The fact is that San Diego is much, much closer than any big city in central Mexico. So, people here are very connected to the US and completely tuned in to US culture. Well, I should clarify -- the upper and upper-middle class students who attend my school are very familiar with all things "San Diegoan" and they are eager to show it. It is very common for my students to hop over the border for the weekend (or for Monday night football game) and come back with lots of cool stuff. Most of my students have skateboards (or surf boards or boogie boards) that were purchased in San Diego. Many have relatives in the San Diego area. Sometimes Ensenada feels like a suburb of San Diego -- at least for those privileged enough to cross the border with ease. The other funny thing is that almost everything my students' families buy in San Diego is cheaper than they could find it in Ensenada (even everyday goods, like toilet tissue). These Mexicans go north of the border to find bargains!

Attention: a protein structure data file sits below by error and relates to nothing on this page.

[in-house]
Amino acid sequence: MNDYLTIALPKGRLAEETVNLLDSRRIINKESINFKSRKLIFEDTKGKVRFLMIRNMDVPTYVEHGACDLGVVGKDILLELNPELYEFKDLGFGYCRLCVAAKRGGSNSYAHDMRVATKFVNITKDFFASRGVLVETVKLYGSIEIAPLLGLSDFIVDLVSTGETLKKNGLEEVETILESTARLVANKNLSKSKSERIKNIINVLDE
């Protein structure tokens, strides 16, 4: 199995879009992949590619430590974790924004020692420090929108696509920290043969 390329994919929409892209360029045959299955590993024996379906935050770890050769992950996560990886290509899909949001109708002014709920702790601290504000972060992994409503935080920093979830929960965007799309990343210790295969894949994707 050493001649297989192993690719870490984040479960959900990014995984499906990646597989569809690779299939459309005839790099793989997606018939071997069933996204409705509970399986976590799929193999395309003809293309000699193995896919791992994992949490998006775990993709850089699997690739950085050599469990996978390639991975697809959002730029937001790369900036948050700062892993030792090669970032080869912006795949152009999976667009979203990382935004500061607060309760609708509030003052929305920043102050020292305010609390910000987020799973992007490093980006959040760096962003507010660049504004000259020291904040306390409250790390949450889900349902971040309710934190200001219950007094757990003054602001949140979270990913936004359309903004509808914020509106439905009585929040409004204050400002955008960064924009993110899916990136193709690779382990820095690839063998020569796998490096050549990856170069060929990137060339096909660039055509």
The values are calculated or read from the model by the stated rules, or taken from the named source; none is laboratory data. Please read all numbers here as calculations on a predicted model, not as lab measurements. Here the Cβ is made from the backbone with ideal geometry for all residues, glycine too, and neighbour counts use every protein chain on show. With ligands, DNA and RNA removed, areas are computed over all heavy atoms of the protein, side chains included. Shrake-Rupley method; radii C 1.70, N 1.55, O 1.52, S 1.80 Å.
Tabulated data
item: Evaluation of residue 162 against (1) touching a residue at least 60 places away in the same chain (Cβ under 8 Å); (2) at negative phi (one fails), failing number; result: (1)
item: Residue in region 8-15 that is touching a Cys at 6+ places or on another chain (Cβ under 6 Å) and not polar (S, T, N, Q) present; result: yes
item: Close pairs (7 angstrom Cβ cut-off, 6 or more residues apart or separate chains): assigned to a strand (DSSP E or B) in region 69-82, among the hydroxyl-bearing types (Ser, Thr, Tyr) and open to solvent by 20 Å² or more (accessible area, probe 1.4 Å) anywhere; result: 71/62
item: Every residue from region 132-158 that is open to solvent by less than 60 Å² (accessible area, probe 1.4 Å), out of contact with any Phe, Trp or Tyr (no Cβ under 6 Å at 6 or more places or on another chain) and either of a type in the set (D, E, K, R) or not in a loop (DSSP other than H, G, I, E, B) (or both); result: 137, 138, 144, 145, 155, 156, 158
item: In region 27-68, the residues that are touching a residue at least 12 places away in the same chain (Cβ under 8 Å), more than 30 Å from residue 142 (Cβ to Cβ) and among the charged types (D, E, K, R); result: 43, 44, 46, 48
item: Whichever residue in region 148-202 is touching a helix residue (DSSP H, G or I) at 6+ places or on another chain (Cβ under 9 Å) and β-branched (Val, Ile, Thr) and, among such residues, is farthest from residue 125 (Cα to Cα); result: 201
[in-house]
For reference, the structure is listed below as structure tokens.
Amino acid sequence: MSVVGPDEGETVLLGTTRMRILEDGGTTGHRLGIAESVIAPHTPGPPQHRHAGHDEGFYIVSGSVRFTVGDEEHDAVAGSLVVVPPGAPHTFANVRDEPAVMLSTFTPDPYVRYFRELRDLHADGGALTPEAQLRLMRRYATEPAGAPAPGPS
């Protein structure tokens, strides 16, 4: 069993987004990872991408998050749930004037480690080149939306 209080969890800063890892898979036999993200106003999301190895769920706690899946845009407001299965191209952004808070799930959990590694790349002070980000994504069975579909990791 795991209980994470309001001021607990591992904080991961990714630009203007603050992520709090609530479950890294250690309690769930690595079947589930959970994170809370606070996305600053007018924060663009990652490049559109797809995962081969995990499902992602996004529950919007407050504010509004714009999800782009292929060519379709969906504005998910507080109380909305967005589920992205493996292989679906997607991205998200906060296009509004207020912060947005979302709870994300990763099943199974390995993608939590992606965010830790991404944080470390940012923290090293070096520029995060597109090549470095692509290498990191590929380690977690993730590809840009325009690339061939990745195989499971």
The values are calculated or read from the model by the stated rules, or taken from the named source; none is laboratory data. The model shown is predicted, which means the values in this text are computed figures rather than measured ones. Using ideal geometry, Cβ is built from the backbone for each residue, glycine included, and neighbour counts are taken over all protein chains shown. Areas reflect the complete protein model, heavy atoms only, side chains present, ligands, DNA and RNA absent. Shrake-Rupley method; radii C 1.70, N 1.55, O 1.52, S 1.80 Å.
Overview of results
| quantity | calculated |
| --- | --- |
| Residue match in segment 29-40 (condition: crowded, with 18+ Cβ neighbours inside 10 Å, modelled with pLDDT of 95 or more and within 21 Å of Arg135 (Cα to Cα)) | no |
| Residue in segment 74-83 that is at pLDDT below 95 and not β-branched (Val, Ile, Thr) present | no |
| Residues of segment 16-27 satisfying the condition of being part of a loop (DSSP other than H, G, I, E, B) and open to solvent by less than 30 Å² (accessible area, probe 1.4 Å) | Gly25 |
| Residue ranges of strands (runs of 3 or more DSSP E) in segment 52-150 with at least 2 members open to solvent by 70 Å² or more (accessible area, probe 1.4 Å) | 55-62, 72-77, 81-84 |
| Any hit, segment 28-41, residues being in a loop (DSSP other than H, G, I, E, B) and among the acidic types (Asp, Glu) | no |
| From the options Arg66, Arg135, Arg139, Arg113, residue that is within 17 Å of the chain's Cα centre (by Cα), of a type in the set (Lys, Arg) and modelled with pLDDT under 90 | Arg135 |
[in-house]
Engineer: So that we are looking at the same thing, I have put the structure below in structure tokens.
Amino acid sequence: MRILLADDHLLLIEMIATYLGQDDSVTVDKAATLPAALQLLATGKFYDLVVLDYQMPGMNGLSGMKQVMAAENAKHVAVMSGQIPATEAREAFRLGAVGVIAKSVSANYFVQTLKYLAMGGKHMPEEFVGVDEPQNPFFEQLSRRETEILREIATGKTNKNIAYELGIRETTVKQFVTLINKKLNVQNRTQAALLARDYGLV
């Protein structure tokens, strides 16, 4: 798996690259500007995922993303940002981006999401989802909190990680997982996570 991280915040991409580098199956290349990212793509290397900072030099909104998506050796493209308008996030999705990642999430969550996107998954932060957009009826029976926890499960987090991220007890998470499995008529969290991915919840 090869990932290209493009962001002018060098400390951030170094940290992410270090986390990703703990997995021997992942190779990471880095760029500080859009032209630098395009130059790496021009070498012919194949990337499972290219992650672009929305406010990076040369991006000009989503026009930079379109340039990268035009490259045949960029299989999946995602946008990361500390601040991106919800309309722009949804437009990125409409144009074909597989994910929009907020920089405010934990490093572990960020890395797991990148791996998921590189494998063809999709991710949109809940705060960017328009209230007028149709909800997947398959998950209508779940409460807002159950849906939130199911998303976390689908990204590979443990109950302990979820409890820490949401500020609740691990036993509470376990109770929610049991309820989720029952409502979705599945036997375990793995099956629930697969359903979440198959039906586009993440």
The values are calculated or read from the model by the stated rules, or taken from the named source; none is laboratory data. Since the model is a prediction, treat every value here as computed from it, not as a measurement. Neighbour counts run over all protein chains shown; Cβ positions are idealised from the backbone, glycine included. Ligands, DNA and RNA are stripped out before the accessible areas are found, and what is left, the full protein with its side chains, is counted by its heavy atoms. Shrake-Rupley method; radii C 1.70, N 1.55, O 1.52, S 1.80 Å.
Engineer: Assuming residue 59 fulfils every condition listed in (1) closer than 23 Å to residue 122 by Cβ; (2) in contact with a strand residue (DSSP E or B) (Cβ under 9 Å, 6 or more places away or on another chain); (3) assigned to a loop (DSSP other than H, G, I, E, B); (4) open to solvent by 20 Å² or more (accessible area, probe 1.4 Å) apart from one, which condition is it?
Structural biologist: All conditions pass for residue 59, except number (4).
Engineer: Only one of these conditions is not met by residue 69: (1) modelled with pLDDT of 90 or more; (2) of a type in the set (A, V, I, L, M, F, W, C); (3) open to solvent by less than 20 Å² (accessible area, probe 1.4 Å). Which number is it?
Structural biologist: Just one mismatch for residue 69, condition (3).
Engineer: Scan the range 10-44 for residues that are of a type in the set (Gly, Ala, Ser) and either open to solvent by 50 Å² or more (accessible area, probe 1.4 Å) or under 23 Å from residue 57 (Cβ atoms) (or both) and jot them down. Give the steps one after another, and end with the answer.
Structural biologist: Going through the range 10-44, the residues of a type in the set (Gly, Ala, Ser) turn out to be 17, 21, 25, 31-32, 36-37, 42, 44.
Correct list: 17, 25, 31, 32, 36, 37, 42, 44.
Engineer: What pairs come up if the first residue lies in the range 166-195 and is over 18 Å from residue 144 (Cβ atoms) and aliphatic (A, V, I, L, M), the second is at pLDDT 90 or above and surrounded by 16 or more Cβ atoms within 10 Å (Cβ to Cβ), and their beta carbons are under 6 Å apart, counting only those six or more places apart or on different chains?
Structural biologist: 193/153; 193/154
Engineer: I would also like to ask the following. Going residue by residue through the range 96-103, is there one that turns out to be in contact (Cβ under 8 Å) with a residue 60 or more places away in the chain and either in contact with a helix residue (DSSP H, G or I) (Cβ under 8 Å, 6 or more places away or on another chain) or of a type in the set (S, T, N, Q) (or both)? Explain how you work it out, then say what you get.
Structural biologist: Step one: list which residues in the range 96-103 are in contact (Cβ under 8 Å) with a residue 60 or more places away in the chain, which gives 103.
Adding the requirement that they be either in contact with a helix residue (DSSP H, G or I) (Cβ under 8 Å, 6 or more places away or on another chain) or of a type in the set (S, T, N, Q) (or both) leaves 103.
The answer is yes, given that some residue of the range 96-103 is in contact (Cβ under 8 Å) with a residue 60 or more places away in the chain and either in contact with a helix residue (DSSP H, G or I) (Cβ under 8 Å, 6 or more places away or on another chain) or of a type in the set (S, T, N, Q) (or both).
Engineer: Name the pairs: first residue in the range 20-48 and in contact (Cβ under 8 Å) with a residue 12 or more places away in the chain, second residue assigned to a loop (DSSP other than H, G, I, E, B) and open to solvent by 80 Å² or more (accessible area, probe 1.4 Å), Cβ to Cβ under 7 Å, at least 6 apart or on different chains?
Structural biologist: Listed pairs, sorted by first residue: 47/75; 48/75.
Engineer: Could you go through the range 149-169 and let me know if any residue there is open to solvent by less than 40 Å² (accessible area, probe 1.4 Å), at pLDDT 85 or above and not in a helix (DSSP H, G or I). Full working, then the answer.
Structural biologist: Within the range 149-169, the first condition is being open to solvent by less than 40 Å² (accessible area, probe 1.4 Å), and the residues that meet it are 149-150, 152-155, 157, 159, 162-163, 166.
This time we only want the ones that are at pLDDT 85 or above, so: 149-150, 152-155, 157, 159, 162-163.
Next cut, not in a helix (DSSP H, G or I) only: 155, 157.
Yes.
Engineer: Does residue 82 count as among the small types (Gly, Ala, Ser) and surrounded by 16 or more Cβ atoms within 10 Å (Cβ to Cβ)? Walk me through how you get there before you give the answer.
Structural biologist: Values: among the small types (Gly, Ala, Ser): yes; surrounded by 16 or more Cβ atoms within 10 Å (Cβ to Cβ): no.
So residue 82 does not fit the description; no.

So, one among the several things I am getting adjusted to in my new job is "the class" of the class. In Denver I teach many new immigrants whose families are struggling to improve their lives in the US. I spent much of my time at Merrill Middle School working with newly resettled refugees whose families were working very hard to completely rebuild lives shattered by civil war or other violence. In Denver I was often considered a rich teacher by my students. Here, it is just the opposite! I am the "poor" teacher struggling working with very privileged students.
I guess if I want to change my image here, I'll have to make sure that Nathan and Theo wear Patriots or Broncos shirts around town, rather than the Chivas shirts that they like so much!
Here are some of my 6th grade students playing during recess. (Hey Ben-you would love recess at our school!)